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  • Start Simple. As stitchers and creative types, our fantasies can often get us into big trouble. It’s no secret that when men visit a quilt shop or cross stitch store for the first time, they choose the biggest project as their first ever! Those of us who have some knowledge, expertise, and experience with technique in certain stitching discipline know exactly what we would like to do, and then we plan for the all of the greatness and kudos that comes with our artistic success and fantasies of a perfect and exemplary work d’art… but that’s not very realistic, and most of us have been down that road before.  Don’t set your sights too high when you’re trying to break out of a creative drought. It is better to start stitching something very little, a very small or simple stitching project, and complete it (and feel good and productive about having completed it), then by starting yet another larger, more complicated, project that you most likely will not finish.

 

  • Stop Isolating. Starting a creative salon, and getting to know the other creative stitchers in your local area is one of the tenants of The Slow Stitching Movement. One way to take care of yourself, put your perfectionism at bay, and kick your procrastination to the curb, is to surround yourself with successful, slow, stitchers. Seek them out through local guilds and groups, or even consider putting a note up in the local supermarket or running an online ad on your local Patch or other social media venue. By the way, if you’re going to go to the trouble of organizing a group to support you in your creative pursuits, make that group diverse and allow the people in the group to be different than what you are! Do you really want to sit in a room full of procrastinating perfectionists who were wound so to tight that you could sharpen a pencil in their… never mind.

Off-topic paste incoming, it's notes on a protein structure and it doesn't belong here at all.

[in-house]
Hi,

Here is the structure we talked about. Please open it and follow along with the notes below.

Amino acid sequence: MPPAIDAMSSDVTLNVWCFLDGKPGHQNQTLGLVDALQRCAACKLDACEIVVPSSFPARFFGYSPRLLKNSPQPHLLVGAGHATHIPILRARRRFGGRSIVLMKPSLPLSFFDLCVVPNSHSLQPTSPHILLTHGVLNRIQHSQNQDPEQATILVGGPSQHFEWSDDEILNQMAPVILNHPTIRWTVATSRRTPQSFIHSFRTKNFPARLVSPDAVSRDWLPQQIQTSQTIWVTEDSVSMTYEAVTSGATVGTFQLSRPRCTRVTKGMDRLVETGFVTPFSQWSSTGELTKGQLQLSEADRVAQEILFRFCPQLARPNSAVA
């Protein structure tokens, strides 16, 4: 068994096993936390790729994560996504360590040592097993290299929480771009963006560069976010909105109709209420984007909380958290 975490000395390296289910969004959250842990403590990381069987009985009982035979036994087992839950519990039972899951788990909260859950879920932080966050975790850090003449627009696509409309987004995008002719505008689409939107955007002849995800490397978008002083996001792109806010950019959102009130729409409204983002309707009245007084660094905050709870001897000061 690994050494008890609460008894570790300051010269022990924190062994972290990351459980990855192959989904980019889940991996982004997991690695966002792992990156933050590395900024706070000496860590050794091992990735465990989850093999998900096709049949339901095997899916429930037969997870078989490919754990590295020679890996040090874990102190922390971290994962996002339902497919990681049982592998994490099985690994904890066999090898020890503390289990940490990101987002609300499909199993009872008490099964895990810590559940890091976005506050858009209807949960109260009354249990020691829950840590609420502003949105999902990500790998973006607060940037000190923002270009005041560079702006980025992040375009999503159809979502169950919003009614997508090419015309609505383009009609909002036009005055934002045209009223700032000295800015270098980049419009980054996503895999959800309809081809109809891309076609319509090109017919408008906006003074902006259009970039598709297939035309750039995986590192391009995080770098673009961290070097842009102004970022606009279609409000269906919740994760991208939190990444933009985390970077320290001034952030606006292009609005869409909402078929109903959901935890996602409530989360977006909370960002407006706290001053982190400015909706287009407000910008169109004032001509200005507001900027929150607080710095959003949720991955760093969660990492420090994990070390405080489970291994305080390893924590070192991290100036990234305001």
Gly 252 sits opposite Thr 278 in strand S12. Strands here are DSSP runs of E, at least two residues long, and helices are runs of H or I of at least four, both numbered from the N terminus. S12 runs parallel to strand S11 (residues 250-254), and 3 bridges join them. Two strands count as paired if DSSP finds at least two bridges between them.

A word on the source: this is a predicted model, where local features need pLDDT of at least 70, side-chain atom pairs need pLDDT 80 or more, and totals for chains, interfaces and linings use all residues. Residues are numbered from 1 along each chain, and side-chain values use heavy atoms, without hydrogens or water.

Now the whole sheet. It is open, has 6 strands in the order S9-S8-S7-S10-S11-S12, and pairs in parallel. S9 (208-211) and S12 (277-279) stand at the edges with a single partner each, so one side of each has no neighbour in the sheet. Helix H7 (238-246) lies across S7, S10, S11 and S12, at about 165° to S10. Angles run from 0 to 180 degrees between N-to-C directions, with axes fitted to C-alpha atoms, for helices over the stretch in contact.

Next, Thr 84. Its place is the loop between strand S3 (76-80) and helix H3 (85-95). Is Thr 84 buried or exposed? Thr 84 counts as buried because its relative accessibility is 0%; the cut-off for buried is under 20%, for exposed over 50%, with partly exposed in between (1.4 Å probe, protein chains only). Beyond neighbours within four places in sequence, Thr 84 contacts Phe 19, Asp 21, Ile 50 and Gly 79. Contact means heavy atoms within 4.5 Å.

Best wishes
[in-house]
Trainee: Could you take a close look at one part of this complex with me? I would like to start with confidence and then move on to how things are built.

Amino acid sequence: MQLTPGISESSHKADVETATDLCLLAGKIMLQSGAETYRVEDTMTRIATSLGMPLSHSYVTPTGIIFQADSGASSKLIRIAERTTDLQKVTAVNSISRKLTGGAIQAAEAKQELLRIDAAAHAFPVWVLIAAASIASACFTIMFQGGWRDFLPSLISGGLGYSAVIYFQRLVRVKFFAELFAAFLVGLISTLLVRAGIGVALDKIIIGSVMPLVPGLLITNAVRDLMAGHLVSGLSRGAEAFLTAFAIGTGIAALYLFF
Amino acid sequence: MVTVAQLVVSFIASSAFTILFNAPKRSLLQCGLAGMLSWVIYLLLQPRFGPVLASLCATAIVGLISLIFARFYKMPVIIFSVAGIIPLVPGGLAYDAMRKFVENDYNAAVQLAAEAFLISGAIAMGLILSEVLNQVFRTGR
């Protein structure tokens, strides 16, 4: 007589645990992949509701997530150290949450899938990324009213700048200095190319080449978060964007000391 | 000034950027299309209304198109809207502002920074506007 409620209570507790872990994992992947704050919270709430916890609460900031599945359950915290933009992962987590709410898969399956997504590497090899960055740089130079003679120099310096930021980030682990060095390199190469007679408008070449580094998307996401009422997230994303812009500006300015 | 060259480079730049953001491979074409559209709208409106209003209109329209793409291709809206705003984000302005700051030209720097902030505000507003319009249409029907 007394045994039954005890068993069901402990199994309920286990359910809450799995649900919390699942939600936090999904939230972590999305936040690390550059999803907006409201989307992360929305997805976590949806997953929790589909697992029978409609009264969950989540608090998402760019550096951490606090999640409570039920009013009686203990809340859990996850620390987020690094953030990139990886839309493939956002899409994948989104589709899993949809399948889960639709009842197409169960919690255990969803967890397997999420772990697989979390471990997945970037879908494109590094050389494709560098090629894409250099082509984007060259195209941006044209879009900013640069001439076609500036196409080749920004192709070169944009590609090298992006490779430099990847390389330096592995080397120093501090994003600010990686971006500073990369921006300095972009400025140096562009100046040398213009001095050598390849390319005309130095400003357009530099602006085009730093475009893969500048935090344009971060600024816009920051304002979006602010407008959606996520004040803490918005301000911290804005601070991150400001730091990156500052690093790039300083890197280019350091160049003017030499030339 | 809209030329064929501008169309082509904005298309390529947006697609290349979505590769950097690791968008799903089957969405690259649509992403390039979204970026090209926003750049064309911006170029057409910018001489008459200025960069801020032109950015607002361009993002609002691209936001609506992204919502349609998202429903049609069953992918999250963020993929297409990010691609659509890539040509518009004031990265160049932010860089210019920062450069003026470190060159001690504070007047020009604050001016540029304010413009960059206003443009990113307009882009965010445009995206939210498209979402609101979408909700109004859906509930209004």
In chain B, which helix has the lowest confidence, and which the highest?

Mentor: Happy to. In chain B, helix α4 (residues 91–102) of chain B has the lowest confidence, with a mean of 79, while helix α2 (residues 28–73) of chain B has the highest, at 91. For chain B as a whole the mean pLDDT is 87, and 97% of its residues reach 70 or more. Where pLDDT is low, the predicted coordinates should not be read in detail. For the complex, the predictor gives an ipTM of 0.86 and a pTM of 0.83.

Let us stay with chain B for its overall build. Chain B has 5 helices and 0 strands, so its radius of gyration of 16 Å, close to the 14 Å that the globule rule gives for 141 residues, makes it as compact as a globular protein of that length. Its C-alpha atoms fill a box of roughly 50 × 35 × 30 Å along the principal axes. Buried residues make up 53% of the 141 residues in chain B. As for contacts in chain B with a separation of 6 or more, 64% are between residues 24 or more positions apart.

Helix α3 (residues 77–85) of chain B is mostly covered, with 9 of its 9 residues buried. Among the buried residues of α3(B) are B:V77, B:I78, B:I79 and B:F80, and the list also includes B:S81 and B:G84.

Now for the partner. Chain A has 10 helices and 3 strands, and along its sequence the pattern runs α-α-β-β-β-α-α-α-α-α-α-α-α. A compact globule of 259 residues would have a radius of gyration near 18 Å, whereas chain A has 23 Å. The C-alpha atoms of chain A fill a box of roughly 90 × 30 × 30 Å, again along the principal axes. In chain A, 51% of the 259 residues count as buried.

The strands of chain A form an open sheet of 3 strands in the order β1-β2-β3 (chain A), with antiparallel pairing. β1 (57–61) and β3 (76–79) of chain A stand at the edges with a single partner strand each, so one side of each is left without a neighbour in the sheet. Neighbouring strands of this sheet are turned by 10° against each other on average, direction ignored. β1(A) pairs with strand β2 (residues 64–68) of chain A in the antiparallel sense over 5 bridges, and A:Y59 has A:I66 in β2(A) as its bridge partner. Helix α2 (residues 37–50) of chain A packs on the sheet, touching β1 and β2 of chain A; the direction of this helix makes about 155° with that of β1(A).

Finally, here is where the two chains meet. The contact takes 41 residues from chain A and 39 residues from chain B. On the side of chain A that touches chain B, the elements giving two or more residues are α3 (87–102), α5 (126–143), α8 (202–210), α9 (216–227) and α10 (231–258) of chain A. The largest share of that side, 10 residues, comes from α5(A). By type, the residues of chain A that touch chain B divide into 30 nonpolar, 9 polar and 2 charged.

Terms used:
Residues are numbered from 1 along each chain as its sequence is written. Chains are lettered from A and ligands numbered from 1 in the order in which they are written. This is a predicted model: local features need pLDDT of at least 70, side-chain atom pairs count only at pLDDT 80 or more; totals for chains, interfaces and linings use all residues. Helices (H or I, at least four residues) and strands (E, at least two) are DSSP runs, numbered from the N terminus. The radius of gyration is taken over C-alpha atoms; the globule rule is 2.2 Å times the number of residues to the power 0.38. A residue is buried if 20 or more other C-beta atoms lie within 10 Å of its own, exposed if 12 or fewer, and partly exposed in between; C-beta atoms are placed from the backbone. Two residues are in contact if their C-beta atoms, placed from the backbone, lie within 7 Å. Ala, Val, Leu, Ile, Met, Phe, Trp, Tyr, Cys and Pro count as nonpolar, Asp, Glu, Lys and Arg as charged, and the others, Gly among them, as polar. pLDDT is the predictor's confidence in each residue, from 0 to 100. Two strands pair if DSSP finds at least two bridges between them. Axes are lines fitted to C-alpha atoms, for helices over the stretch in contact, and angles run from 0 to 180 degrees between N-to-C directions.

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  • Get Into It. When you pick up your knitting needles, crochet hook, embroidery hoop, or rotary cutter, be mindful of what you’re doing. When you concentrate on the process (including seam ripping. un-sewing. and frogging) instead of the result or the time your project is taking, you will naturally begin to open up creatively and worry less about the perfection of your project and concentrate more on the benefits of the process and what your process is gifting you physically, emotionally, financially, and spiritually. Stitch in the moment and with focused intention. Focus.

 

  • Don’t Enter the Competition. When you pick up your stitching projects you have to stop the competition. ‘What competition?’ you might ask. The competition with yourself! Once you begin to realize that your focused and intentional stitching is for you, and will benefit you, and is all about you, then you will begin to understand that you are not in a race with anyone else for the most spectacular result, or with yourself, for that matter. Stop beating yourself up, get off of your self-defeating treadmill, and jump into the process and enjoyment of your stitching.

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  • Celebrate Who You Are. For those of us who have lofty dreams of perfect stitching, international fame, or even a compliment from our gnarly teenager for stitching work well done, we can often get caught up in the excitement of the result (which we never seem to finish, by the way, because it will never meet our personal standards) rather than the process, constant education, and practice of our stitching work. Here’s the deal: be who you are. Learn to love yourself, show some compassion for yourself, and celebrate the process of your creative output. Yes, I am a victim of loving the adrenaline that comes with big dreams, but I also know that boring little old me, has the potential for peace of mind and overcoming any and all creative blocks and procrastination, if I just accept who I am day-to-day, as opposed to whom I aspire to be, without putting in the craft practice, or the stitching work, or the time in swimming in my creative process.